Surviving Mosport

By Joe Lapin

In June, I had a glorious DE (Driver Education) session at Mosport, (Canadian Tire Mosport Park), with the Toronto UCR (Upper Canada Region) group. I had recently made several modifications to my car, and having enjoyed these dramatic improvements on the road, I wanted to test the changes on the track. I enrolled with my pal Terry, and though we are both ‘signed off’ drivers, we entered the instructed Yellow run group.

I arrived greatly intimidated, and honestly, quite fearful of the unknown. I had been warned about the infamous Turn 2, with its hidden ‘turn in’, and off camber downhill chute! I dreaded the notorious strips of concrete that were diabolically placed to direct misplaced cars onto grassy launching pads, and catapult the unfortunate into various walls and other hard surfaces! Frankly, it was just as I had heard it to be, it was very scary!


However, Mosport is also described as a fast momentum track with flowing grace and rhythm. Though intimidating, the track is really a wonderful blend of undulating turns and varied topography, and many of the severe hazards have been eliminated. The endless Mario Andretti Straight seems to go on ‘forever’, but it is quite a steep incline, so the terminal speed is thereby reduced. Still, it is an incredible rush to be on the accelerator for so long!

I had a patient, capable instructor, and after two sessions, the turns became familiar, and I was beginning to internalize the proscribed ‘line’. After 2 sessions of driving my own car, my instructor offered to take me around in his car, a 150 hp 944 racecar, and ‘the line’ was further imprinted in my mind. As an extra bonus, we had a ‘track walk’ in the evening, while following the beer van, and that proved to be very helpful, as the elevation changes at Mosport are really quite dramatic!

My driving continually improved, and by Sunday, I was very satisfied with this productive learning experience. One of the senior instructors is known to offer a short tutorial in ‘heel and toe’ shifting, and I immediately enrolled for this instruction. Once in my car, I demonstrated a flawless 3 to 2 downshift, and affirming my technique, he told me to enjoy the rest of the day on my own. The previous day, I had noticed that he was driving a Nissan GTR, and I asked if I could have a ride in that magical, computerized car. ‘Unfortunately’, he had changed cars, and was driving his new Porsche GT2 instead! He graciously offered me a session as a passenger, and though I marveled at the speed and poise of this superior car, his meticulous line and consistent braking points were truly inspirational.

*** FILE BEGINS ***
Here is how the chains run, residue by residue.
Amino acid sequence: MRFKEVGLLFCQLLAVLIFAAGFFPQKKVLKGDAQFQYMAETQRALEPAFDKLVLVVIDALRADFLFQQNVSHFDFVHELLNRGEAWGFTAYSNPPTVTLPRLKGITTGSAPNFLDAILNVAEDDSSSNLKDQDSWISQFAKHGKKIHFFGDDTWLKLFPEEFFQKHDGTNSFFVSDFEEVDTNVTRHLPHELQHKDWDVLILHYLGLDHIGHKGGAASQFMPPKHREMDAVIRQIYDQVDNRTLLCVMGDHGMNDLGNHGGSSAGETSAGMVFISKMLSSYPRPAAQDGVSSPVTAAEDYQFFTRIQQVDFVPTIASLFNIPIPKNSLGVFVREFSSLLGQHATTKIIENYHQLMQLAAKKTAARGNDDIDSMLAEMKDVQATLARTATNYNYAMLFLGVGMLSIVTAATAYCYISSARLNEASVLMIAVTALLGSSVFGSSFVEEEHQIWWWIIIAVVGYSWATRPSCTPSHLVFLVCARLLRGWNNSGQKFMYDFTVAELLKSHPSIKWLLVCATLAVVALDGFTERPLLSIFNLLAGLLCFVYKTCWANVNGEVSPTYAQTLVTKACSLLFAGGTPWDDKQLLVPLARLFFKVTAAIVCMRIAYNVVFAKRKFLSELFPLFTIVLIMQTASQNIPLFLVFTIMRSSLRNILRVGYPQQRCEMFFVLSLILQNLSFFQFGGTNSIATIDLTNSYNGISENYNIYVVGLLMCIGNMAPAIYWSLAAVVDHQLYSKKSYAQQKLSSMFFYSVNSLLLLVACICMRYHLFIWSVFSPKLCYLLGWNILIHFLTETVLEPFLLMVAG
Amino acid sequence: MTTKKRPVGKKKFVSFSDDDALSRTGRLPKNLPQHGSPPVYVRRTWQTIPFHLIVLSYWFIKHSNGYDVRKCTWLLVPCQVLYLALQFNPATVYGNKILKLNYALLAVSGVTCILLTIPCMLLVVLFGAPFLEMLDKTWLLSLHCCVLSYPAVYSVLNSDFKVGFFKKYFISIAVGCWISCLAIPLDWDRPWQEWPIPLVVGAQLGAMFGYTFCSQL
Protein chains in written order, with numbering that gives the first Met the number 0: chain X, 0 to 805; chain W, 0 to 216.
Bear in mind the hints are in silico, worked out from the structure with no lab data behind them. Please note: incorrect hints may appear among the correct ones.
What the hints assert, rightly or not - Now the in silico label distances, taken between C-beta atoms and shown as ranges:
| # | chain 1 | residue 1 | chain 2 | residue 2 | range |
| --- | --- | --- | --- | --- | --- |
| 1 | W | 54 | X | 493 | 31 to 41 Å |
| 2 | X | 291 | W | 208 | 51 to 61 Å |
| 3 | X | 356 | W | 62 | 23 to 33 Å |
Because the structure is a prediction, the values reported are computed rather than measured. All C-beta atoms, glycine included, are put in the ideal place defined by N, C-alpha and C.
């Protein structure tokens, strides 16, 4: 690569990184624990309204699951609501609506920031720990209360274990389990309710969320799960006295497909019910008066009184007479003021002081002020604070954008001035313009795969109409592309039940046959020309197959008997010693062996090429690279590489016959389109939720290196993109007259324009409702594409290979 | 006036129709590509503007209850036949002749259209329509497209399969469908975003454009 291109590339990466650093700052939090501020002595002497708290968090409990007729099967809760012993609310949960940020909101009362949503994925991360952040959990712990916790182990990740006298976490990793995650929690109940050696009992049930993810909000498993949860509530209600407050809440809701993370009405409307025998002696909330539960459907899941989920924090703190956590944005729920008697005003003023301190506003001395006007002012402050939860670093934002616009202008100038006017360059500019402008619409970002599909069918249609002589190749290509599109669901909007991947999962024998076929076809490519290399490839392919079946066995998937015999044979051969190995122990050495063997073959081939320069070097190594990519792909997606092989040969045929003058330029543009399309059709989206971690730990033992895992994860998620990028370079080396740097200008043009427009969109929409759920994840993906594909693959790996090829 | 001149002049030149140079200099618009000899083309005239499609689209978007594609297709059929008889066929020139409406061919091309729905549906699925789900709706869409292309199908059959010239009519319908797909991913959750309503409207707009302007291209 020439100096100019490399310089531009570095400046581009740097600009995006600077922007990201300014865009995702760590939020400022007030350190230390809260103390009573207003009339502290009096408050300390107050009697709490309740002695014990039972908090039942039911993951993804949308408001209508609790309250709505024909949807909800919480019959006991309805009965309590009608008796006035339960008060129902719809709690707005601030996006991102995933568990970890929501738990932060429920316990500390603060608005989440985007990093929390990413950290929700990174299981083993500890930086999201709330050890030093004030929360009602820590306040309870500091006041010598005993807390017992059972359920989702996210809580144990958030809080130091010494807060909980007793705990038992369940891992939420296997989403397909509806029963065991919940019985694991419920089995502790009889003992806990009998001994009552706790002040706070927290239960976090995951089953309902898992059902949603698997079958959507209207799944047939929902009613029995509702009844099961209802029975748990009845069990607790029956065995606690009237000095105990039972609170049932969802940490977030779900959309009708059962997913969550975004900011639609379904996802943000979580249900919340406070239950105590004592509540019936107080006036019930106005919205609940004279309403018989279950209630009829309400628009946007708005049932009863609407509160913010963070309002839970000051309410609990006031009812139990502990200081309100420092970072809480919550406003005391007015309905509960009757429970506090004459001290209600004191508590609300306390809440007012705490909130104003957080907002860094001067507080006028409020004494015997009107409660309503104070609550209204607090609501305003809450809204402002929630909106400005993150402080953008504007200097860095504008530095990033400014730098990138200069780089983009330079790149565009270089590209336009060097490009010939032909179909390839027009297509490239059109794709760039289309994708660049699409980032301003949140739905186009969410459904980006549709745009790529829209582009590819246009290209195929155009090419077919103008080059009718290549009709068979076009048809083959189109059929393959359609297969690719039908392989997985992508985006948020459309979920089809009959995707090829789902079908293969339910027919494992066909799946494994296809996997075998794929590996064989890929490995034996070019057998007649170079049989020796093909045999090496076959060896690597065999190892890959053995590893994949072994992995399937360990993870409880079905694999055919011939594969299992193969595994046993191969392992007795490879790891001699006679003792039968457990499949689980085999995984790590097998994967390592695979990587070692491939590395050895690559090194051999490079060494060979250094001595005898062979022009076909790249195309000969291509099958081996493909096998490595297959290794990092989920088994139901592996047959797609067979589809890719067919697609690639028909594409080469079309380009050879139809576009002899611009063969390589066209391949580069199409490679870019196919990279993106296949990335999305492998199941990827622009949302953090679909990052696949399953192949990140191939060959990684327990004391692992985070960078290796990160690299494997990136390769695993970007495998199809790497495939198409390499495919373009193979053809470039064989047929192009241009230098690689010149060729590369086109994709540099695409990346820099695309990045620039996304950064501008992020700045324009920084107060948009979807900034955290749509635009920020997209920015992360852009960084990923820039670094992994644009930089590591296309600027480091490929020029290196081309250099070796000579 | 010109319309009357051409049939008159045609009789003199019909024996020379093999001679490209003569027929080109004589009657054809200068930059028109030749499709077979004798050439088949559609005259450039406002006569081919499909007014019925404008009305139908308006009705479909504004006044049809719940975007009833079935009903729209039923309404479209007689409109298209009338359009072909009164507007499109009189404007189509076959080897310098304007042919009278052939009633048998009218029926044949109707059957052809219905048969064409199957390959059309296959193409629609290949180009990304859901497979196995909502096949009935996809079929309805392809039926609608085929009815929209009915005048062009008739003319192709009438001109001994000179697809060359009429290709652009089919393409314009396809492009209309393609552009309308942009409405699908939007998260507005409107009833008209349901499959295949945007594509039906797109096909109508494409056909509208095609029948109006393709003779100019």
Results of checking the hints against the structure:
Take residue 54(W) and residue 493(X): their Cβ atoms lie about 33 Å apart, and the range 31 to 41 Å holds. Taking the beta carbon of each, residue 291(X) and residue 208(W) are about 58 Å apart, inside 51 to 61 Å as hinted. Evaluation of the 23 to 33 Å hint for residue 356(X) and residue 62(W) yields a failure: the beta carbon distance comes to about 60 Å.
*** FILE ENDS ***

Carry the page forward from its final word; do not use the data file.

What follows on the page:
Though I had received excellent instruction while driving my own car, sitting in his passenger seat made it easier to internalize the correct line and the subtle nuances of each turn. As a passenger, one still experiences the dynamics of the car, yet one is freed from the tension of actually executing the ideal inputs. After a ride as a ‘passenger observer’, and then immediately returning to the driver’s seat of my own car, the ideal technique is far more apparent, and the learning time frame can be greatly reduced. Whenever fortunate enough to have a willing instructor, one will surely internalize the ideal driving technique far more efficiently, while it is being demonstrated!

By day’s end, I was actually linking most of the turns myself, and developing some momentum of my own.

In retrospect, the weekend reaffirmed the value of the excellent training we receive in the well-reputed Rennsport DE program, and clearly, this training had provided me with an appropriate ‘driving vocabulary’. Recognizing many similarities in track design, I was soon able to ‘learn’ the course, and then apply the required techniques for the various corners almost intuitively. On several occasions, I have been told by instructors of different PCA chapters, that we Rennsporters are indeed very fortunate to have undergone such rigorous training.

Because my run group was the last of the day, after Session 3, I packed up, and left for the long drive home to Montreal. All in all, the Mosport experience was a huge success, and I enjoyed my time making new friends in the UCR group.

Having survived Mosport, I impatiently await the August Rennsport DE event at my familiar Circuit Mont Tremblant.




One Reply to “Surviving Mosport”

  1. I’m glad that you got to enjoy an “active” racetrack that rewards smooth inputs and momentum driving. As you correctly say, a lot of the courage challenging aspects of many corners have been removed in the interests of safety as car speeds have exponentially increased over the past few years. Personally I always enjoyed the old track with limited run-off areas as it always raised the adrenaline to another level.
    Mosport or more correctly Canadian Tire Motorsport Park is one of North Americas premier racetracks, a first class facility and any driver can benefit from attending a UCR event there.
    Although it’s a long trek, 4 hours or so towing from the West Island I strongly urge all Rennsporters to experience this great circuit.

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